Cure cabinet chaos on the cheap with a storage solution borrowed from your workspace. Stash an off-duty office organizer inside a deep cabinet to provide a perch for pots and pans, lids, and other tools of the culinary trade. As an added bonus, this organizer can be transferred to the countertop to store your favorite recipe books.
11 “Zero Dollar” Ways to Organize Your Kitchen Cabinets
You don’t need unlimited funds to put a stopper on overflowing kitchen cabinets. These 11 DIYs can transform even the most cluttered cupboard into an organizational oasis—all with near zero cost, time, or effort.
By Hook or by Cook2/11
Steal a few hooks from the entryway, add a dash of inspiration, and you have all the makings of a baker-friendly cabinet. Start by mounting a key rail or self-stick plastic hooks to the back of a cabinet. Then, hang measuring cups and spoons, whisks, and mixer attachments to create an organizational oasis fit for a pastry chef.
Rule with a Rod3/11
Rescue your under-sink cabinet from clutter by enlisting help from a bathroom basic. Secure a tension rod to the sidewalls of the cabinet to create hanging space for any cleanser that comes in a spray bottle. With the floor of the cabinet clear, you'll have plenty of room to stash baskets filled with brushes and sponges and other cleaning staples.
Related: How To: Clean Your Cleaning Tools
Room for Boards4/11
It seems there's no good way to store cutting boards. They're sometimes too tall to be stored vertically on a shelf, and when laid flat, they take up valuable real estate that could be used for cookware. This bespoke behind-the-door organizer offers an elegant solution to the problem. Here, scrap wood is secured to the inside of cabinet doors with screws and L-brackets—just the right size for caching a collection of cutting boards.
Never Bin Better5/11
Left on shelves or in drawers, heavy kitchen essentials like cast-iron pans and ceramics can topple over or even crush more fragile items in the vicinity. Stash them instead in bargain baskets and bins on the floor of a cabinet to keep them safe and secure—and out of sight.
Why splurge on a commercial can stacker to stem the avalanche of soup cans in the cabinet? You can make your own bargain version at home from an empty soda-can box. Cut a hole in the top of the box large enough to fit a soup can, then glue decorative paper to all four sides of the box to conceal its humble origins.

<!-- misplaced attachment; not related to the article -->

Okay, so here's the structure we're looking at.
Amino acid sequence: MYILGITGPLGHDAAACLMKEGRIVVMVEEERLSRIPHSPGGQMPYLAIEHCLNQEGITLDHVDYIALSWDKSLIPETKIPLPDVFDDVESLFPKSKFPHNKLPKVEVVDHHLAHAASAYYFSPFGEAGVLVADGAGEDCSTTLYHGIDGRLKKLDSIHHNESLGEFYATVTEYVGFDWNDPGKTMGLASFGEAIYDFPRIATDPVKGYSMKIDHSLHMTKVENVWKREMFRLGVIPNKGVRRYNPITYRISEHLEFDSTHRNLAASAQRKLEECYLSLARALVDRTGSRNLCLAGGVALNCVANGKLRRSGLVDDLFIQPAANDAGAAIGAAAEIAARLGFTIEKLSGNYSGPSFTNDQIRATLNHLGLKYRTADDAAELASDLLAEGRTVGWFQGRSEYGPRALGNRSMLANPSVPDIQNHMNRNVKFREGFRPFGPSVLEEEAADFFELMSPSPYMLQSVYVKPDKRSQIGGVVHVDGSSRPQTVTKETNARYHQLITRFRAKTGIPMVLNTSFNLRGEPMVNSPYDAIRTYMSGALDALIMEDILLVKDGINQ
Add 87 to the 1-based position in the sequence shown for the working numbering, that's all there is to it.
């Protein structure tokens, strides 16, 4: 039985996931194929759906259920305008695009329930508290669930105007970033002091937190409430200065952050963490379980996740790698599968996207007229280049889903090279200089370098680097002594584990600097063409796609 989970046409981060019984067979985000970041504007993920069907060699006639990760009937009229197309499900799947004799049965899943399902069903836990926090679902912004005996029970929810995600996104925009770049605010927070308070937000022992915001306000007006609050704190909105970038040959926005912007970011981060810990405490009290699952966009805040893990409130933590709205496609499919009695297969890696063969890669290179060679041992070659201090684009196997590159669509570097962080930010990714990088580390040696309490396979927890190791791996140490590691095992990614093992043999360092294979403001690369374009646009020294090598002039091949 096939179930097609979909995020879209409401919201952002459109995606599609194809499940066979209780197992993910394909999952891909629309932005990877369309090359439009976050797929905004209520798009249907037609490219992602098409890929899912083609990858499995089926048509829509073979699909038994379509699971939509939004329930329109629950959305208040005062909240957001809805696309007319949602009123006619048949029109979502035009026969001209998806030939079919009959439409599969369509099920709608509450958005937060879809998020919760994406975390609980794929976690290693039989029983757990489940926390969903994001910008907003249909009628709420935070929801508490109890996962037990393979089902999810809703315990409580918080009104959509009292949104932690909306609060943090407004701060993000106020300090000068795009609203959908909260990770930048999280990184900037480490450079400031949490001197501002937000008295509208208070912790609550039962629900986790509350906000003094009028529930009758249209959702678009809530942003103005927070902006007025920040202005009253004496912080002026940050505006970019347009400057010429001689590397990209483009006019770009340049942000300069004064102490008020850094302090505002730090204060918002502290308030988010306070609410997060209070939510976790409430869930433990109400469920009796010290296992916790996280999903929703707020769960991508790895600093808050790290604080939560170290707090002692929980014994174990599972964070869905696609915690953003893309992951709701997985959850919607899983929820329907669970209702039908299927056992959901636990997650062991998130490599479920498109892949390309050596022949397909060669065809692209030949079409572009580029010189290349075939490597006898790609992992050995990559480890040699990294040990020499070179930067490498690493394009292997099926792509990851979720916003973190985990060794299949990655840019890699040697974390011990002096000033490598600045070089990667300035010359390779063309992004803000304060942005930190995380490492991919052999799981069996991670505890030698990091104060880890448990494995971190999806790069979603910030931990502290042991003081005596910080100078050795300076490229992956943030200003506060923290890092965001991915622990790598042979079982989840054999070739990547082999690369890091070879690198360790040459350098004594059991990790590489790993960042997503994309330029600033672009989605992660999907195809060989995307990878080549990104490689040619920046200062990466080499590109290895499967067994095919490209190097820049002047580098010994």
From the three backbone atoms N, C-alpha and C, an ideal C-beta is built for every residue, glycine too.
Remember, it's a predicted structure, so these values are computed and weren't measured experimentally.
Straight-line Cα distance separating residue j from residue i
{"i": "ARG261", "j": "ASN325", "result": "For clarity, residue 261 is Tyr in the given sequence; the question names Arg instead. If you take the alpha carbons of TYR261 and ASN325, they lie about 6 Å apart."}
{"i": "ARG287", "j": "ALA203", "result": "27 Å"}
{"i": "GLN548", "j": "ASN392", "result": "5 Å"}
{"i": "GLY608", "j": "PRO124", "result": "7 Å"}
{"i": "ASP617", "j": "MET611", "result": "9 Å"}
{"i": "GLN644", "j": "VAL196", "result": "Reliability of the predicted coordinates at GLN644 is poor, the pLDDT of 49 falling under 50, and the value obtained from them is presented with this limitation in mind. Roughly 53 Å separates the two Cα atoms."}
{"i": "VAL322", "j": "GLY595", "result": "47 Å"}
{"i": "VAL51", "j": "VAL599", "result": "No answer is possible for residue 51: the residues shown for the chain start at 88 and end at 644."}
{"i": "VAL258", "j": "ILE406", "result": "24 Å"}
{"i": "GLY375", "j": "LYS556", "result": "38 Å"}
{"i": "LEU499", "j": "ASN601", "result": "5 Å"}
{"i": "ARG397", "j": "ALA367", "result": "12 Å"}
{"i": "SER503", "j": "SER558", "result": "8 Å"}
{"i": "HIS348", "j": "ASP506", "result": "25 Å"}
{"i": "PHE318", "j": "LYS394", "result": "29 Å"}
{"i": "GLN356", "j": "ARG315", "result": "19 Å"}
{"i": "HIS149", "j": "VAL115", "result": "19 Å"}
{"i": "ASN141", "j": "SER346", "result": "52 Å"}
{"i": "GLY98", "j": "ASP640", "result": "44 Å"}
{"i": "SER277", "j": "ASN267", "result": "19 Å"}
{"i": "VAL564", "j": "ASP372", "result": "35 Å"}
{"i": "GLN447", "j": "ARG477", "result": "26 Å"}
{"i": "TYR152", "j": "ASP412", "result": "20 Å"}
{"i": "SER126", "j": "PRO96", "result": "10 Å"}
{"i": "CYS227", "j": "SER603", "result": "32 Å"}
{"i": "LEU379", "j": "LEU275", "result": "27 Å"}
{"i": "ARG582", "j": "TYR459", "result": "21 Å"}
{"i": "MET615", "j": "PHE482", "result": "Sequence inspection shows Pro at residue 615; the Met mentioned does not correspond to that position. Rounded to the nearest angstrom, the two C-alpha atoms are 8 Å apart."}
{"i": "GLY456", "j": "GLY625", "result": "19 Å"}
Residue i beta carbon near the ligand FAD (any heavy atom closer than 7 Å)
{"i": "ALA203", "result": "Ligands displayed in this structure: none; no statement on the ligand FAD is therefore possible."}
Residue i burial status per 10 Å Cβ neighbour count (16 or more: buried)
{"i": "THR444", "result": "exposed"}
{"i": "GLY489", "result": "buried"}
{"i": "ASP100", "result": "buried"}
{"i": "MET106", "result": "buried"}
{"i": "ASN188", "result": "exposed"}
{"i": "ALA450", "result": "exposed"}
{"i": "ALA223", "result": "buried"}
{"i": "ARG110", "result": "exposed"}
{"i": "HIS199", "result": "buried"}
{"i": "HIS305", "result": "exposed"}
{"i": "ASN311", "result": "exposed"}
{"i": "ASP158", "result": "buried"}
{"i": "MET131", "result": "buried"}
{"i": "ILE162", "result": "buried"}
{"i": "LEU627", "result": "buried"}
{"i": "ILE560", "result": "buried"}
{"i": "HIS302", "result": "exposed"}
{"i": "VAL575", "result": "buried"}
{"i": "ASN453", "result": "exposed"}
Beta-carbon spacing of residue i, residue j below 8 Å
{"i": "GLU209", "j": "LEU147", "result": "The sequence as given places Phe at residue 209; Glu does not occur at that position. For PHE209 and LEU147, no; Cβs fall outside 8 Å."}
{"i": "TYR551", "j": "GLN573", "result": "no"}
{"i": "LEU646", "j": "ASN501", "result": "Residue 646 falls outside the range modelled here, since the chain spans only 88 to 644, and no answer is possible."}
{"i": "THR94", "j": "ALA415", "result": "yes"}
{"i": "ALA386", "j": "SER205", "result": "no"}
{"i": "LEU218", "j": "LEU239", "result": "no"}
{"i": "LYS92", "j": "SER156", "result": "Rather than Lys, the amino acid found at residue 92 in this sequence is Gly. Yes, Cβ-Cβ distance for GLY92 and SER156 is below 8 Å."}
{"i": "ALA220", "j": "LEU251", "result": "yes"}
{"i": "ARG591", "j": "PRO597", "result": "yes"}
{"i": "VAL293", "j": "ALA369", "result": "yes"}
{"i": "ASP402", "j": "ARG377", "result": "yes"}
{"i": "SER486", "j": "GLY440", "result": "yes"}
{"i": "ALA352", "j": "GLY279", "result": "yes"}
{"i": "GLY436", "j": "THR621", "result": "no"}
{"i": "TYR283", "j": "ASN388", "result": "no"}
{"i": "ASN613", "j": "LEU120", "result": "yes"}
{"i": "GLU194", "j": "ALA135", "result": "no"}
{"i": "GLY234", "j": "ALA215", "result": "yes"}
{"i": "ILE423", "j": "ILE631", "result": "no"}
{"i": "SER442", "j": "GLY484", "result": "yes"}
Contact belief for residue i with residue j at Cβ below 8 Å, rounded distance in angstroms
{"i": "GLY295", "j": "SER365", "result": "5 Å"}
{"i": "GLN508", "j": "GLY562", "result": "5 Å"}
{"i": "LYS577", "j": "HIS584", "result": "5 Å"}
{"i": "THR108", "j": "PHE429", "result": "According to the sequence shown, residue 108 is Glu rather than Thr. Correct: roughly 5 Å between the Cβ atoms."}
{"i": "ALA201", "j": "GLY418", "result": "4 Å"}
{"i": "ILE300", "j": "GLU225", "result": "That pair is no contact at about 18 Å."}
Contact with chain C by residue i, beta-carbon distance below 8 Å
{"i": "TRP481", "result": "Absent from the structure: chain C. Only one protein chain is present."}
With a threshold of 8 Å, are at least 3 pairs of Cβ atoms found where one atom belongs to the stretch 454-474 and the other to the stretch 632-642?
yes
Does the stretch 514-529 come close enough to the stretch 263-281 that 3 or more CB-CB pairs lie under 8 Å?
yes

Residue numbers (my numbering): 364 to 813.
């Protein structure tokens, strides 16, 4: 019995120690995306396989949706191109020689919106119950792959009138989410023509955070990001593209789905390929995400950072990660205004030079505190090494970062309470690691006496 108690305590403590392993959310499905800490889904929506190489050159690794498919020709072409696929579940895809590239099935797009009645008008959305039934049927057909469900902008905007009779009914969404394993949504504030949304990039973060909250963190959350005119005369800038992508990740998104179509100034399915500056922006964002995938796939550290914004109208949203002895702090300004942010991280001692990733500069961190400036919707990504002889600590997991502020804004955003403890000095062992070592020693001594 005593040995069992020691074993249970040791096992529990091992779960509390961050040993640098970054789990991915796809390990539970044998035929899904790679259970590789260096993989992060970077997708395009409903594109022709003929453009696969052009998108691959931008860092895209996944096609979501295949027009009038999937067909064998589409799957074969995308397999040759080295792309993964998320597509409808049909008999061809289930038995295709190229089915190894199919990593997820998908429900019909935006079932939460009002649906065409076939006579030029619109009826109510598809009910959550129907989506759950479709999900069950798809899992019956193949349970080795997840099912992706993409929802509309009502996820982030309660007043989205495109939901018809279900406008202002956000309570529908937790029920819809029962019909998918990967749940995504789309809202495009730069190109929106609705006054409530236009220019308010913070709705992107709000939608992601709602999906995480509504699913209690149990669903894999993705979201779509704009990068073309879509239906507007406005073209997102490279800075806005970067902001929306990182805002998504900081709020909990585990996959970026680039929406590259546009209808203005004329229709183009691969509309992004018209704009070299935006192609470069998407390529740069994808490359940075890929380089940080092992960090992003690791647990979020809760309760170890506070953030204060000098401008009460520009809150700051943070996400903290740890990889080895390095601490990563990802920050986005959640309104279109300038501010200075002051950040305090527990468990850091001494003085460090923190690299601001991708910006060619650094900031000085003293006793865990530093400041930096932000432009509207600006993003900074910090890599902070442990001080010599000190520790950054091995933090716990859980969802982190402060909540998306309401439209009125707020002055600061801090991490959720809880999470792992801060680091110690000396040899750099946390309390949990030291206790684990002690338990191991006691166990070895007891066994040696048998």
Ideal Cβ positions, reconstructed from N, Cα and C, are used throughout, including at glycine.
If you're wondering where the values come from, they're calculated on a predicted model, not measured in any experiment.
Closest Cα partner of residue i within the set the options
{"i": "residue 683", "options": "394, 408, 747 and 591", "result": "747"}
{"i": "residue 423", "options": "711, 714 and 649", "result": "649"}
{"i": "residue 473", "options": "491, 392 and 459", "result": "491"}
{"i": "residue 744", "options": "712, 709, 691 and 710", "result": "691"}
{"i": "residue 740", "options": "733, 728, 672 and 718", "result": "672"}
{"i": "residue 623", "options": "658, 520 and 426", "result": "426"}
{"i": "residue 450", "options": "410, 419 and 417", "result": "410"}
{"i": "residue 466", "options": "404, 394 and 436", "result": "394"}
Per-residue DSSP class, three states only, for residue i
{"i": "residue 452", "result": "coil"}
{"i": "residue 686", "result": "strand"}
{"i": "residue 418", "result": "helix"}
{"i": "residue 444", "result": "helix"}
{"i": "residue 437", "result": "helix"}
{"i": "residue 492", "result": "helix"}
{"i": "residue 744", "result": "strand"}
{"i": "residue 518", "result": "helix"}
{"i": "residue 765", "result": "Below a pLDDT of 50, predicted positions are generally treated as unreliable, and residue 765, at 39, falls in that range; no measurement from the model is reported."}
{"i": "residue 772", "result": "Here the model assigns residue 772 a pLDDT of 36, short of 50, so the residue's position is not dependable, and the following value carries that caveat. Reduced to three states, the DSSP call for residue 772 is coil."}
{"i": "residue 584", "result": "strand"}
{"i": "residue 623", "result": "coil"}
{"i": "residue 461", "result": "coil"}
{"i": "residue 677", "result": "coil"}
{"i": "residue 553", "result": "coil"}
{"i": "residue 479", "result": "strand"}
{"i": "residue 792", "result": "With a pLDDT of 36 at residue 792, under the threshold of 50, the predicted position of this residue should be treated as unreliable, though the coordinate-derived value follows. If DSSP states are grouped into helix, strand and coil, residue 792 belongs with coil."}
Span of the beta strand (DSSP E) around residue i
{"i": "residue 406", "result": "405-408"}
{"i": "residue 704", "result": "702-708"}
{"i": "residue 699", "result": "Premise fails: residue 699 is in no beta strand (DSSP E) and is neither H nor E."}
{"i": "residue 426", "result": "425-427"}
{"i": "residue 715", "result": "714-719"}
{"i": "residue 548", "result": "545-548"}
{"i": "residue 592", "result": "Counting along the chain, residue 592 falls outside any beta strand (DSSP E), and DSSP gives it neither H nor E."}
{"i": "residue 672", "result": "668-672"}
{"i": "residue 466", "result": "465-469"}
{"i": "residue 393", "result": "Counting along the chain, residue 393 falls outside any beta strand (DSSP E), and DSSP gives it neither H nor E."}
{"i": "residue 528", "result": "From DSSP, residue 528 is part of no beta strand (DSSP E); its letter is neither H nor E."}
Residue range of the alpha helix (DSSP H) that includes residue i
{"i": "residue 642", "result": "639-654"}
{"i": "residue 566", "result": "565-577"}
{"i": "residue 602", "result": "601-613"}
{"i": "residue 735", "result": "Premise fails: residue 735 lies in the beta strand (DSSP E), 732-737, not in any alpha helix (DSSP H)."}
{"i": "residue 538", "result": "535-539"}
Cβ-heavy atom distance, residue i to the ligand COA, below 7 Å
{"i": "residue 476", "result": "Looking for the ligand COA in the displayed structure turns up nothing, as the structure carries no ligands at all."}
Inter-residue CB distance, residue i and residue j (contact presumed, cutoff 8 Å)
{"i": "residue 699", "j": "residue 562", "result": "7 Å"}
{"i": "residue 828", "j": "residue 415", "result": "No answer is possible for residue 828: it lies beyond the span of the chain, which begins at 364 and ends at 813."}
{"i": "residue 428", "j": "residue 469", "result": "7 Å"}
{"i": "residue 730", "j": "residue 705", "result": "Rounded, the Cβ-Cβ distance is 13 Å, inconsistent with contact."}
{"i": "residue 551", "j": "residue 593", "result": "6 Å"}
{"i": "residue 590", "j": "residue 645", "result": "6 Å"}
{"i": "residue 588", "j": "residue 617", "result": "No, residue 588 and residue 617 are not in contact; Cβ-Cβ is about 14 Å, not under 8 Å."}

Think Outside the Box7/11
Those boxes of pasta, rice, and dried goods in the cabinet may hold the makings of home-cooked comfort food, but they can also make already crowded shelves too cramped for comfort. Transfer their contents into space-smart glass jars to bring visual order to a pantry cabinet.
Stick to It8/11
Even a cleverly conceived pantry organizer isn’t complete without labels. With stylish stickers made from adhesive vinyl letters, you'll never have to guess what's in stock. Adhere the labels to the front of each storage canister to identify foods in a jiffy and avoid “oops” moments during your next baking session.
It’s a Wrap9/11
If bulky boxes of plastic wrap and aluminum foil are adding to the chaos of your kitchen cabinets or jam-packed drawers, transplant them to the back of a cabinet door. Secure two self-adhesive hooks to the wall for every holder, then slide the ends of each box around the hooks to keep them in close reach for wrapping up leftovers.
Related: 11 Surprising Uses for Aluminum Foil
Variety is the spice of life—so why not change up your storage with a new behind-the-door spice rack? Assemble scrap wood, a wooden dowel, and a few screws into a lightweight shelf. Secure the rack to an interior cabinet door lined with decorative contact paper to store your aromatics in style.
How you arrange items in your cabinets is as important as what you choose to store in them. Take stock of your pantry and categorize items by type—for example, baking supplies, dry goods, spices, and canned goods. Once everything's been sorted, stash like items into designated bins to make searching and scavenging for ingredients a thing of the past.
Related: 18 Tiny Kitchens We Love
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